It must be noted that the very banks that clamour to provide development assistance will be first to rush to the international media to talk ill of us especially the so-called culture of corruption in Africa. President Mogae is reported to have told the 2007 World Bank Forum in Germany recently that ‘we Africans have been corrupt in collaboration with Western partners, whose role tends to be down played when our corruption is highlighted’. This means that we must be cautious when dealing with our moneyed partners lest we are corrupted and then admonished by the very same Samaritans. The Bible warns that ‘for the love of money is the root of all kind of evil.’ And some people, craving money [perhaps to electrify some rural villages] have wandered from the true faith [normal processes], and pierced themselves with many sorrows’ (1 Timothy 6:9-10). Beware of the corrupting influence of money, Mr. Tibone.

On a different but related issue, it has come to my notice that the Minister of Works and Transport, Lesego Motsumi, has of late become synonymous with controversy.

It all started with the Minister boasting that it was her right to be chauffeured to evening classes across the border in her official car.
This was to be followed by yet another equally damaging and embarrassing incident in which the Minister was alleged to have received a bribe in the form of computers, donated by a certain company that eventually got some work from Botswana Railways.

Before the dust could settle, Motsumi caused a stir when she undiplomatically and arrogantly announced that negotiations to sell Air Botswana to a South African kiosk airliner would go ahead despite a motion adopted in Parliament to the contrary. A little while ago, it was reported that after Minister Motsumi’s response that government efforts should be to contribute to promoting the well being of citizens rather than taking decisions detrimental to their welfare, the Gaborone Taxis and Local Bus Service Association suspended their services, presumably irked by the Minister’s comment.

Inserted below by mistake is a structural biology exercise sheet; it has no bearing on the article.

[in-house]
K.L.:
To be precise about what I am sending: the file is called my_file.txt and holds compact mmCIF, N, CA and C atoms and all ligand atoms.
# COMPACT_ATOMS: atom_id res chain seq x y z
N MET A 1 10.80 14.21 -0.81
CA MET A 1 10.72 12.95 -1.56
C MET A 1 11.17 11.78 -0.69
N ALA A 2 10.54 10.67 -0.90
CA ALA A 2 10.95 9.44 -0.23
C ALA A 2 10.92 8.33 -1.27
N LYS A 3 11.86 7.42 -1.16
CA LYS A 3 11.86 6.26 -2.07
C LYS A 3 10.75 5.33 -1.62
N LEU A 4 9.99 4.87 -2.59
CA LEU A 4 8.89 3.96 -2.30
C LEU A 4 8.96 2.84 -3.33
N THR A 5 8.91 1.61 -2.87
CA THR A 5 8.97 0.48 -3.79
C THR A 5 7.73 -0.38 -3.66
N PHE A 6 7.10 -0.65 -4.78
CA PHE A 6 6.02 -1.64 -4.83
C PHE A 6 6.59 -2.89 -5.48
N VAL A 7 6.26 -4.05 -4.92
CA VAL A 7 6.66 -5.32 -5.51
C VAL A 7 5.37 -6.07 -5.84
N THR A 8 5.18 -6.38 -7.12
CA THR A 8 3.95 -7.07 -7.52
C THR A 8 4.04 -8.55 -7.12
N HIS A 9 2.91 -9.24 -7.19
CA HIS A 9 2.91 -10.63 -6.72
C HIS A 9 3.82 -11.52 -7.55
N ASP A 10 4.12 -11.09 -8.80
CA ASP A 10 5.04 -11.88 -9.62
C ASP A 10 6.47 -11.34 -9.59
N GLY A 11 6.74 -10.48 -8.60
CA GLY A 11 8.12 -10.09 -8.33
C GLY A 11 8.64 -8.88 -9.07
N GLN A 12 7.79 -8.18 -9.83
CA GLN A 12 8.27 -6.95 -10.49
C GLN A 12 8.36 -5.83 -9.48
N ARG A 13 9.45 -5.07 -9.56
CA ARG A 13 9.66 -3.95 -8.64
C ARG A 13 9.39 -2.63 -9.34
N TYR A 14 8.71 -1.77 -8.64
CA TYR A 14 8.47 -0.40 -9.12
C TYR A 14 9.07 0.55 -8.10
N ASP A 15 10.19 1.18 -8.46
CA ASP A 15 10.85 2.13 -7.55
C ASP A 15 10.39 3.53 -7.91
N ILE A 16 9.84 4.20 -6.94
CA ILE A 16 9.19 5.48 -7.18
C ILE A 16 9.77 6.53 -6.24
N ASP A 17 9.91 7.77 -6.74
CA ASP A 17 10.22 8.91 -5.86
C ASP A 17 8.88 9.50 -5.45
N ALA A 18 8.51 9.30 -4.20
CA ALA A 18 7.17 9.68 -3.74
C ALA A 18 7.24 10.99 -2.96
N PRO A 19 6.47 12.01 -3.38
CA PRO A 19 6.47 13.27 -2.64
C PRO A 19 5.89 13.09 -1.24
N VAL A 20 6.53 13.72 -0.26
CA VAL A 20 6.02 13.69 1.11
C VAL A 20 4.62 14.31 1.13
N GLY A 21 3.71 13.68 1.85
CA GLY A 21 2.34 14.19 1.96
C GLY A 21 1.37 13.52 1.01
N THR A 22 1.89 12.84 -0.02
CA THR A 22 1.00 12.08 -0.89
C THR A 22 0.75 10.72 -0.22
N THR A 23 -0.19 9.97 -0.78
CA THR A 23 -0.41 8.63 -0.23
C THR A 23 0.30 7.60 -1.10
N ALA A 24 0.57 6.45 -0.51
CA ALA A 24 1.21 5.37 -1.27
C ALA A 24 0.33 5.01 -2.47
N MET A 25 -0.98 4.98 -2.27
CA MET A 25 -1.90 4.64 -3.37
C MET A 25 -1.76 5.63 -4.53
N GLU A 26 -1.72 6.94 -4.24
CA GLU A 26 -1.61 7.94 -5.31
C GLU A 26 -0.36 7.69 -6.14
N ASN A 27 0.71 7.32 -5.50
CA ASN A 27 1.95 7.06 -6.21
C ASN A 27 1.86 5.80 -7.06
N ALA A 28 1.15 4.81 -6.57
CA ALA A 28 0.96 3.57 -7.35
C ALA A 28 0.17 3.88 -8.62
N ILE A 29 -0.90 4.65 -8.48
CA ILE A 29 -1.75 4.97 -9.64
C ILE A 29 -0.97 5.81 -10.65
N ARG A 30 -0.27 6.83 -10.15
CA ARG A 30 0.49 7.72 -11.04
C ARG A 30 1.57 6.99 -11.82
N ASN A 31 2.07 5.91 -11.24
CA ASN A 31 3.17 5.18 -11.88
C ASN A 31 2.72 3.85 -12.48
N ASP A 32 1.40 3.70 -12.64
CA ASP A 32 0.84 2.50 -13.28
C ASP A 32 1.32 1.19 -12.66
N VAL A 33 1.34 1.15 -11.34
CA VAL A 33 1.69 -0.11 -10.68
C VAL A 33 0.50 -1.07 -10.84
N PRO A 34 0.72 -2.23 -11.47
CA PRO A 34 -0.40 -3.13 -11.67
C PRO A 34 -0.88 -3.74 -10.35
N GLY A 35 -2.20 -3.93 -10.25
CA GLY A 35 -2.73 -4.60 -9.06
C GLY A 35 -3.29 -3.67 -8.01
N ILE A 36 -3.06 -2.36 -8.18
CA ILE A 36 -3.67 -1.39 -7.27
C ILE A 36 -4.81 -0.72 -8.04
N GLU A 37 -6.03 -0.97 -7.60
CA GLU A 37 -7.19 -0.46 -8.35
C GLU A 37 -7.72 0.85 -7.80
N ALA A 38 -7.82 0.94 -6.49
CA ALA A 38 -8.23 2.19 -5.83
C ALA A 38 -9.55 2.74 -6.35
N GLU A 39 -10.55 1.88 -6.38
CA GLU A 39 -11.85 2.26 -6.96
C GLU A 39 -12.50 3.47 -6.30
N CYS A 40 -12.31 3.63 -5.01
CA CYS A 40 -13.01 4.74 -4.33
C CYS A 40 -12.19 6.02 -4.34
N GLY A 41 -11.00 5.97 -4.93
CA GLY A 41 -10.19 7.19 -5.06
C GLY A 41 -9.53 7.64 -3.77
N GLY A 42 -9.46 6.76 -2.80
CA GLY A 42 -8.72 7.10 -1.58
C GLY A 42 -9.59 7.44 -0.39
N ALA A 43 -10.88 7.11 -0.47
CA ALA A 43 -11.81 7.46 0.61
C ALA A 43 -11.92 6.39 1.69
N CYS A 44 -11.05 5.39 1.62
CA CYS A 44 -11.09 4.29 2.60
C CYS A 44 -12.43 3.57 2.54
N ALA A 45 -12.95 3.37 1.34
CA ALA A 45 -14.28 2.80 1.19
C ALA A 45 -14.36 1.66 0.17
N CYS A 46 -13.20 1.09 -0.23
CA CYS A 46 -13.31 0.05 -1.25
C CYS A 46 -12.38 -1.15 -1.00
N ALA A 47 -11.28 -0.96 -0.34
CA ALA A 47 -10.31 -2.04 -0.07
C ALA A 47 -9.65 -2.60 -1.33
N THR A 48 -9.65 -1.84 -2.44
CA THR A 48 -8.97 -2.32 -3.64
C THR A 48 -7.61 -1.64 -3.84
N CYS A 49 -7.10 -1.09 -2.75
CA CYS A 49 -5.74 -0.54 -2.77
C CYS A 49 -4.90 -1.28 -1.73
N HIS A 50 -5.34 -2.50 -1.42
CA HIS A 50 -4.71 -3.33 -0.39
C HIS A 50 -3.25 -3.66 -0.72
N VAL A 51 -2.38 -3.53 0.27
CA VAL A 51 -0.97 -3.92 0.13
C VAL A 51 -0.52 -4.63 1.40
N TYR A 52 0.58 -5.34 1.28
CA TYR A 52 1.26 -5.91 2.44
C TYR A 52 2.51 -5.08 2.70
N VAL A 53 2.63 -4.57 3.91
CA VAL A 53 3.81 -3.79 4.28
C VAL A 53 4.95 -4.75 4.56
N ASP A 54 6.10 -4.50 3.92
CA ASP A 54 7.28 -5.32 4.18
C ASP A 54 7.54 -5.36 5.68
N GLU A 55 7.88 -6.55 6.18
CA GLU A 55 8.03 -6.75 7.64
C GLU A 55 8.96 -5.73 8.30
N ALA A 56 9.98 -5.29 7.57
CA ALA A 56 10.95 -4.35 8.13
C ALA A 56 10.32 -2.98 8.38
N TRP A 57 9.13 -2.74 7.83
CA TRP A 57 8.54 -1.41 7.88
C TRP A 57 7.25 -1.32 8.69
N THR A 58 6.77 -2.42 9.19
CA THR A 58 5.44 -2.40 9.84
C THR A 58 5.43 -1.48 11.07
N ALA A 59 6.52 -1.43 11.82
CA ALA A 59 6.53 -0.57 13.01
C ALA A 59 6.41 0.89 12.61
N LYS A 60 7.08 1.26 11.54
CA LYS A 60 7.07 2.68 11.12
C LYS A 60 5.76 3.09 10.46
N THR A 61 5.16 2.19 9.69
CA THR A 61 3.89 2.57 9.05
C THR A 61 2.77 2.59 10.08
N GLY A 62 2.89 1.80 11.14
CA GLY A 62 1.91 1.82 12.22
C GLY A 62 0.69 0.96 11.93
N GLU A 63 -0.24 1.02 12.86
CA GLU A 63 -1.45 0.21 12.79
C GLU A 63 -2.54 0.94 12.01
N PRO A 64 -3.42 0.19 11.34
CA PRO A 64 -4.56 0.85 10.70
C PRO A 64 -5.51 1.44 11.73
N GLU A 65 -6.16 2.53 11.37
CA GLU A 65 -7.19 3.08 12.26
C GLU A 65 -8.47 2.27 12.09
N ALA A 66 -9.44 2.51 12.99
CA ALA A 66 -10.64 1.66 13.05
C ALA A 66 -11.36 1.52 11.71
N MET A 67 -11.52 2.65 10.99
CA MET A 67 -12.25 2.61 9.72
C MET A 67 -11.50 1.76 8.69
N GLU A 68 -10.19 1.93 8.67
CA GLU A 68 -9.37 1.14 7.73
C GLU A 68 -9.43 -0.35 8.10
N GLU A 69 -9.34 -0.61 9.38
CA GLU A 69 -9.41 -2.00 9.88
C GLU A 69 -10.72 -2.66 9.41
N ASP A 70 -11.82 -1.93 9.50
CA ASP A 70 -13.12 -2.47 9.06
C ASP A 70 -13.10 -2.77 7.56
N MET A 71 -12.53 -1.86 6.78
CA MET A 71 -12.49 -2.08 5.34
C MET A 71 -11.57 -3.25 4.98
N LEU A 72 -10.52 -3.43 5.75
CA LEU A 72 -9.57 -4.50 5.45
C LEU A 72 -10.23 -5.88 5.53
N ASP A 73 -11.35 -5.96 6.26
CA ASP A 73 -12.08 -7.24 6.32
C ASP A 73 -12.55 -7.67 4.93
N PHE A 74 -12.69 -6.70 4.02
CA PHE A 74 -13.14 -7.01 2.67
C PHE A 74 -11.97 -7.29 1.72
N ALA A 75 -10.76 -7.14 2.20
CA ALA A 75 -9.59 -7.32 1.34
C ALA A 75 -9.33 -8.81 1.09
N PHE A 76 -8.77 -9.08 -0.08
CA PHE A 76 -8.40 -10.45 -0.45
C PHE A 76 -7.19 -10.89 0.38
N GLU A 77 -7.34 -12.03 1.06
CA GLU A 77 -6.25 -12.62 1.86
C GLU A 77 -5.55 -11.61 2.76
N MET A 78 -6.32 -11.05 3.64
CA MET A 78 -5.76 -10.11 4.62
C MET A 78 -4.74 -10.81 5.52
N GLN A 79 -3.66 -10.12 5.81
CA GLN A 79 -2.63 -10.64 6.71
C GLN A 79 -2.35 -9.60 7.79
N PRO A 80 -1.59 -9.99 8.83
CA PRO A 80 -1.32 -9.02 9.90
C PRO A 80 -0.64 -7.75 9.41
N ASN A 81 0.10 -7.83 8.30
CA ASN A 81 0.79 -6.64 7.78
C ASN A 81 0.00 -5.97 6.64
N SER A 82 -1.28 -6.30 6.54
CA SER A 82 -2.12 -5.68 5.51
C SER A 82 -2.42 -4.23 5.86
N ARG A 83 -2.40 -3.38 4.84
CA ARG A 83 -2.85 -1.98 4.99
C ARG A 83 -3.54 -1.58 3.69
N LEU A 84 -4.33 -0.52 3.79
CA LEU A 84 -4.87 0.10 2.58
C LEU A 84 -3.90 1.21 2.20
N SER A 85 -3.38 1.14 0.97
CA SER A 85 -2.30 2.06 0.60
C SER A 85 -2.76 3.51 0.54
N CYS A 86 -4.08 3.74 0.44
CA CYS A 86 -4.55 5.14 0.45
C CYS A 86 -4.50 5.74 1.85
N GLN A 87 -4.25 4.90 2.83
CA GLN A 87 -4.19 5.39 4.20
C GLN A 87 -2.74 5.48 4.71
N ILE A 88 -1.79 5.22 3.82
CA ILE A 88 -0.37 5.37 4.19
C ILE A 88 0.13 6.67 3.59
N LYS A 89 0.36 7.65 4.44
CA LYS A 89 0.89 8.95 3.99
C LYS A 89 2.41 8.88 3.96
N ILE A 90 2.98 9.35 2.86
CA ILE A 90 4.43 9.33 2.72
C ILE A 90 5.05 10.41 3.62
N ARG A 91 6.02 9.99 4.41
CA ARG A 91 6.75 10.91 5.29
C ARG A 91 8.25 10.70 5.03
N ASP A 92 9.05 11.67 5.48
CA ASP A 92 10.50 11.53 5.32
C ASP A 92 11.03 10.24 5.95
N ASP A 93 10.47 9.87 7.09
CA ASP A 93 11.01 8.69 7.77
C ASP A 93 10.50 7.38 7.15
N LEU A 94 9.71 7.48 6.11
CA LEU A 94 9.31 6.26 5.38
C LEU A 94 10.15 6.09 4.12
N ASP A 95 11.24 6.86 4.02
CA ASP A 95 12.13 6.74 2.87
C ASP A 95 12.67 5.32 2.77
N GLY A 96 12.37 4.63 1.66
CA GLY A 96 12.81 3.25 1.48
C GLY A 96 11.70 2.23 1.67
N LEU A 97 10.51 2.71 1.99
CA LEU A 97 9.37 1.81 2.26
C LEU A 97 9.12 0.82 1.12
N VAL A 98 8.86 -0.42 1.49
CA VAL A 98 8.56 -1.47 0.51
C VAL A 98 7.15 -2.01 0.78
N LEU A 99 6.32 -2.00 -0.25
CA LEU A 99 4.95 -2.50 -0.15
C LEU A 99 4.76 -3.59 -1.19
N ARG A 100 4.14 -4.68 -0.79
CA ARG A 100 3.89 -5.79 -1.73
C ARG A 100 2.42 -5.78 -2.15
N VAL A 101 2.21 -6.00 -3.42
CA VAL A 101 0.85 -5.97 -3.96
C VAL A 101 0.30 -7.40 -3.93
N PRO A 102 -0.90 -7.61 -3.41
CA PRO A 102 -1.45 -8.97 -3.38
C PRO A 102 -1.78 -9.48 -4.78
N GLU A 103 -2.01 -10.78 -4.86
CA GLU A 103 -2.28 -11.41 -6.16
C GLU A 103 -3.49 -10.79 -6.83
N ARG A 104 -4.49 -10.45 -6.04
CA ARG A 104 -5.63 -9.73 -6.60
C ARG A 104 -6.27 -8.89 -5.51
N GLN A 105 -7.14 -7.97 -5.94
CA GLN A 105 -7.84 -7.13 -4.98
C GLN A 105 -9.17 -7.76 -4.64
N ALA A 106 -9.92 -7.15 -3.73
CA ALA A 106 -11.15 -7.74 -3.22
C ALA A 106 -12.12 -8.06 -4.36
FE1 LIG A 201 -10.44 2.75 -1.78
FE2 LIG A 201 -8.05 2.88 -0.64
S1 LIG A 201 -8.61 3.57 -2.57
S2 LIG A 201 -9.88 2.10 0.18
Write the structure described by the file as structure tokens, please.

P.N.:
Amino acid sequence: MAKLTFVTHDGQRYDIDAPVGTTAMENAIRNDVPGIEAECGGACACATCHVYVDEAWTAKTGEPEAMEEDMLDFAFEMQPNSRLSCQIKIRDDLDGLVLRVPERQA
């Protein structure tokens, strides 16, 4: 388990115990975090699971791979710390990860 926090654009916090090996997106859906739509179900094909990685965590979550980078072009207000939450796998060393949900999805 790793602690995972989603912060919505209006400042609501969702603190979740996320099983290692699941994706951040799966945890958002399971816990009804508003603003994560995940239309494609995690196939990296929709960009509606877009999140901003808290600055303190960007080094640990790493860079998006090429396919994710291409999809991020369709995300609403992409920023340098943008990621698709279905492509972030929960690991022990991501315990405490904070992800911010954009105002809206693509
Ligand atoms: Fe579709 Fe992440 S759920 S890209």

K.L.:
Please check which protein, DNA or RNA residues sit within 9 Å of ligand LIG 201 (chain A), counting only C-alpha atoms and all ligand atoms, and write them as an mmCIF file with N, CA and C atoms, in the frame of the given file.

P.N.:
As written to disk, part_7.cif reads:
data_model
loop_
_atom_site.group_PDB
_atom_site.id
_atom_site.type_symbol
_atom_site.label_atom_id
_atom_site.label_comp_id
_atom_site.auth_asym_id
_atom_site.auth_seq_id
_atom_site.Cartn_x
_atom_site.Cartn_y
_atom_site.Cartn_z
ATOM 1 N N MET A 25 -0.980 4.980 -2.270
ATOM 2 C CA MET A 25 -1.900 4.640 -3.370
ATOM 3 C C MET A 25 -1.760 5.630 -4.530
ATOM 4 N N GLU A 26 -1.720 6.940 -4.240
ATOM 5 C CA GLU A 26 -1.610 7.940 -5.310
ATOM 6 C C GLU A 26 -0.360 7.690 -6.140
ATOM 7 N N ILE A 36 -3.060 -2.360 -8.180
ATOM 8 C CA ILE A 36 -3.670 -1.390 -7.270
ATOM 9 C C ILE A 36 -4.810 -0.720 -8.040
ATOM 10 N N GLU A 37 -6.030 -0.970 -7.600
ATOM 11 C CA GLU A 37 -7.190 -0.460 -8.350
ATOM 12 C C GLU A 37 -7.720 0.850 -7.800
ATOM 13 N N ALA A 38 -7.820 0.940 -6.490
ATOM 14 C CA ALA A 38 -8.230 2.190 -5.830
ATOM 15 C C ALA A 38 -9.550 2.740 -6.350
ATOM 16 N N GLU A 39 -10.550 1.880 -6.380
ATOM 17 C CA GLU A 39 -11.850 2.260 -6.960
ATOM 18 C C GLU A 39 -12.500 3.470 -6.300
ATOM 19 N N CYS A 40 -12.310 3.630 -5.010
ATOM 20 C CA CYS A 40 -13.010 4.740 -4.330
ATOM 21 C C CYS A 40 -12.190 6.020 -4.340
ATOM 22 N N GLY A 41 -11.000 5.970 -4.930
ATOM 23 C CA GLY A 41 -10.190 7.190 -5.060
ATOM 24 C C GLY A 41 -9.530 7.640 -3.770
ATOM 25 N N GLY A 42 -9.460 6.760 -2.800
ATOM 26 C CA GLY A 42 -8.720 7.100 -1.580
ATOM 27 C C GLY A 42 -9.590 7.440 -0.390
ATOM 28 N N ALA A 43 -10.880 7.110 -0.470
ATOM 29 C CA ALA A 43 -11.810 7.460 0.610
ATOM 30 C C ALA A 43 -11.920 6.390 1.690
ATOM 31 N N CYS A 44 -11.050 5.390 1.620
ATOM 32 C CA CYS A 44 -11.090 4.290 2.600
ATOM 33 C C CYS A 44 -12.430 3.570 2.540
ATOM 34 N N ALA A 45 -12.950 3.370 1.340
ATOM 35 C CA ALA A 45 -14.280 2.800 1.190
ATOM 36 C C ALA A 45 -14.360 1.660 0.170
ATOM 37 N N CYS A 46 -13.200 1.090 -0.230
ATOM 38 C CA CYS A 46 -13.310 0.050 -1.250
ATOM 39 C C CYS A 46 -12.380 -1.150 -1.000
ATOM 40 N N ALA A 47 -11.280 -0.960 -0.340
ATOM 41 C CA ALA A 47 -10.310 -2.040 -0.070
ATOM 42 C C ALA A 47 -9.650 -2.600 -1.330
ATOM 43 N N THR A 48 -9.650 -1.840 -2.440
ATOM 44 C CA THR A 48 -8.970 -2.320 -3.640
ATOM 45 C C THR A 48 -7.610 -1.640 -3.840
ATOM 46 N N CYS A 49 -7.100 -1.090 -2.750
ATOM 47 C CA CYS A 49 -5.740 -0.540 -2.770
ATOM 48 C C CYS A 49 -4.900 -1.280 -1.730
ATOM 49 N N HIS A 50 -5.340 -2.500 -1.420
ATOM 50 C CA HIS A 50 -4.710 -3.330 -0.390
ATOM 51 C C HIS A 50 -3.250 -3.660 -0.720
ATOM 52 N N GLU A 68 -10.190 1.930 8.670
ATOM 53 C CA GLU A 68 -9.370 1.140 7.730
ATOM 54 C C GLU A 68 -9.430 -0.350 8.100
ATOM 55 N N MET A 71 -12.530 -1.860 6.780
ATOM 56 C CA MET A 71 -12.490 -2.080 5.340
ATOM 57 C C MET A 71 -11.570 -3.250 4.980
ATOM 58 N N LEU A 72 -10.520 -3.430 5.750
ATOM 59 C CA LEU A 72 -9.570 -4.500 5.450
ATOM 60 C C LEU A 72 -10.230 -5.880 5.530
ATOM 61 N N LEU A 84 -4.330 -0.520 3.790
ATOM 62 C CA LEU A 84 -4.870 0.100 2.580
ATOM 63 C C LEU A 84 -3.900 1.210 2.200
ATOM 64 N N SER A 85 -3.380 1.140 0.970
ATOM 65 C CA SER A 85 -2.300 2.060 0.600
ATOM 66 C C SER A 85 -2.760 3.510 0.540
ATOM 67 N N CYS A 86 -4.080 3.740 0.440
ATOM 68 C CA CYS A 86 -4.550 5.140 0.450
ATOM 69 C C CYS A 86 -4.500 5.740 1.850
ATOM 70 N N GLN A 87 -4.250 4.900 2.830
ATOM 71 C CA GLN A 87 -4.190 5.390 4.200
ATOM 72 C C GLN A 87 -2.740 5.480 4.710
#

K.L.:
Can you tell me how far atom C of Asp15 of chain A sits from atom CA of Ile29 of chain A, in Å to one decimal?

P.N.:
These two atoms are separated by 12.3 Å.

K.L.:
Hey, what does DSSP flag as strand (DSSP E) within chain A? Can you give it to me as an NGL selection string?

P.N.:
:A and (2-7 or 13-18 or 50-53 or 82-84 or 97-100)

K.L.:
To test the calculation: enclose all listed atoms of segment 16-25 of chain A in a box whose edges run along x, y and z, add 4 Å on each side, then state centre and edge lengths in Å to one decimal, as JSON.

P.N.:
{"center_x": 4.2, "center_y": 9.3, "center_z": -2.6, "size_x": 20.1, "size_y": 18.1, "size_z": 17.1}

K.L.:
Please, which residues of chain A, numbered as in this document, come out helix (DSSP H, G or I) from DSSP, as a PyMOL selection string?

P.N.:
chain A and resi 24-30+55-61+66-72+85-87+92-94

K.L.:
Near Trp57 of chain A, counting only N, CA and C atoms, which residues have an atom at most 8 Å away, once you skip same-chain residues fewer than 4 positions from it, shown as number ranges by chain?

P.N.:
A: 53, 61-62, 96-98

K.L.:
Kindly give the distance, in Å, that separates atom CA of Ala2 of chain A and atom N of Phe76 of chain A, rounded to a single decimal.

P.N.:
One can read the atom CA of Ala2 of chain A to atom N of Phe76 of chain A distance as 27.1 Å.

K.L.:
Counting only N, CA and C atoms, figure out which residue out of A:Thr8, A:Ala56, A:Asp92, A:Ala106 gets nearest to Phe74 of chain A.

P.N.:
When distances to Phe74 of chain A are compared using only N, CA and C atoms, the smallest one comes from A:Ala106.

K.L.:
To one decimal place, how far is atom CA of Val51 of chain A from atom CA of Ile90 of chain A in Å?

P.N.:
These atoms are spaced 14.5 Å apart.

It is my sincere opinion that the above-cited incidents metamorphosed into crises not because the issues under discussion were/or are inherently controversial but significantly because they were not handled soberly, sensitively and diplomatically with due respect to maintaining a proper sense of decorum.

It is my fervent contention that Minister Motsumi has lost public trust as a result of her over indulgence in arrogance, deceit, and complete disrespect for ordinary citizens and some ballooned celebrity status of a political form.

This being the case, continued retention of Minister Motsumi at Works and Transport will definitely harm the operations of the Ministry and further tarnish its already battered image.

Whereas the challenges facing her Ministry are potentially explosive, they are not entirely insurmountable but the Minister’s lack of tact, her crave for politics of confrontation and a generally discredited persona blew the disputes out of proportions.

I want to believe that a more credible, trustworthy and levelheaded candidate would have done better to handle the issues.

This is the stark reality of the politics of personality in which official pronouncements are not interpreted on merit but are analyzed on the basis of the character of the originator. For instance, Minister Motsumi’s response to the Taxi operators’ demands is intelligent and acceptable but because the response came out through her somewhat discredited mouth, it simply became an irritant and an excellent pretext for a thoughtless strike. It is, therefore, advisable and prudent for President Mogae to relieve Minister Motsumi of her duties as a Cabinet Minister before she inflicts more damage on the credibility of her Ministry, the Executive and the Botswana Government at large. Her trademark infantile blunders are an exact reflection of a series of poor performances and a dire lack of requisite qualities for a ministerial portfolio.

The Minister may not be transferred to another Ministry for that will be tantamount to merely relocating trouble and shame. Her removal will be good for her and her family, the Ministry of Works and Transport, the Cabinet and the nation in entirety. The way the Minister has been conducting herself and handling her official duties has been particularly dishonourable, undignified and an absolute disgrace.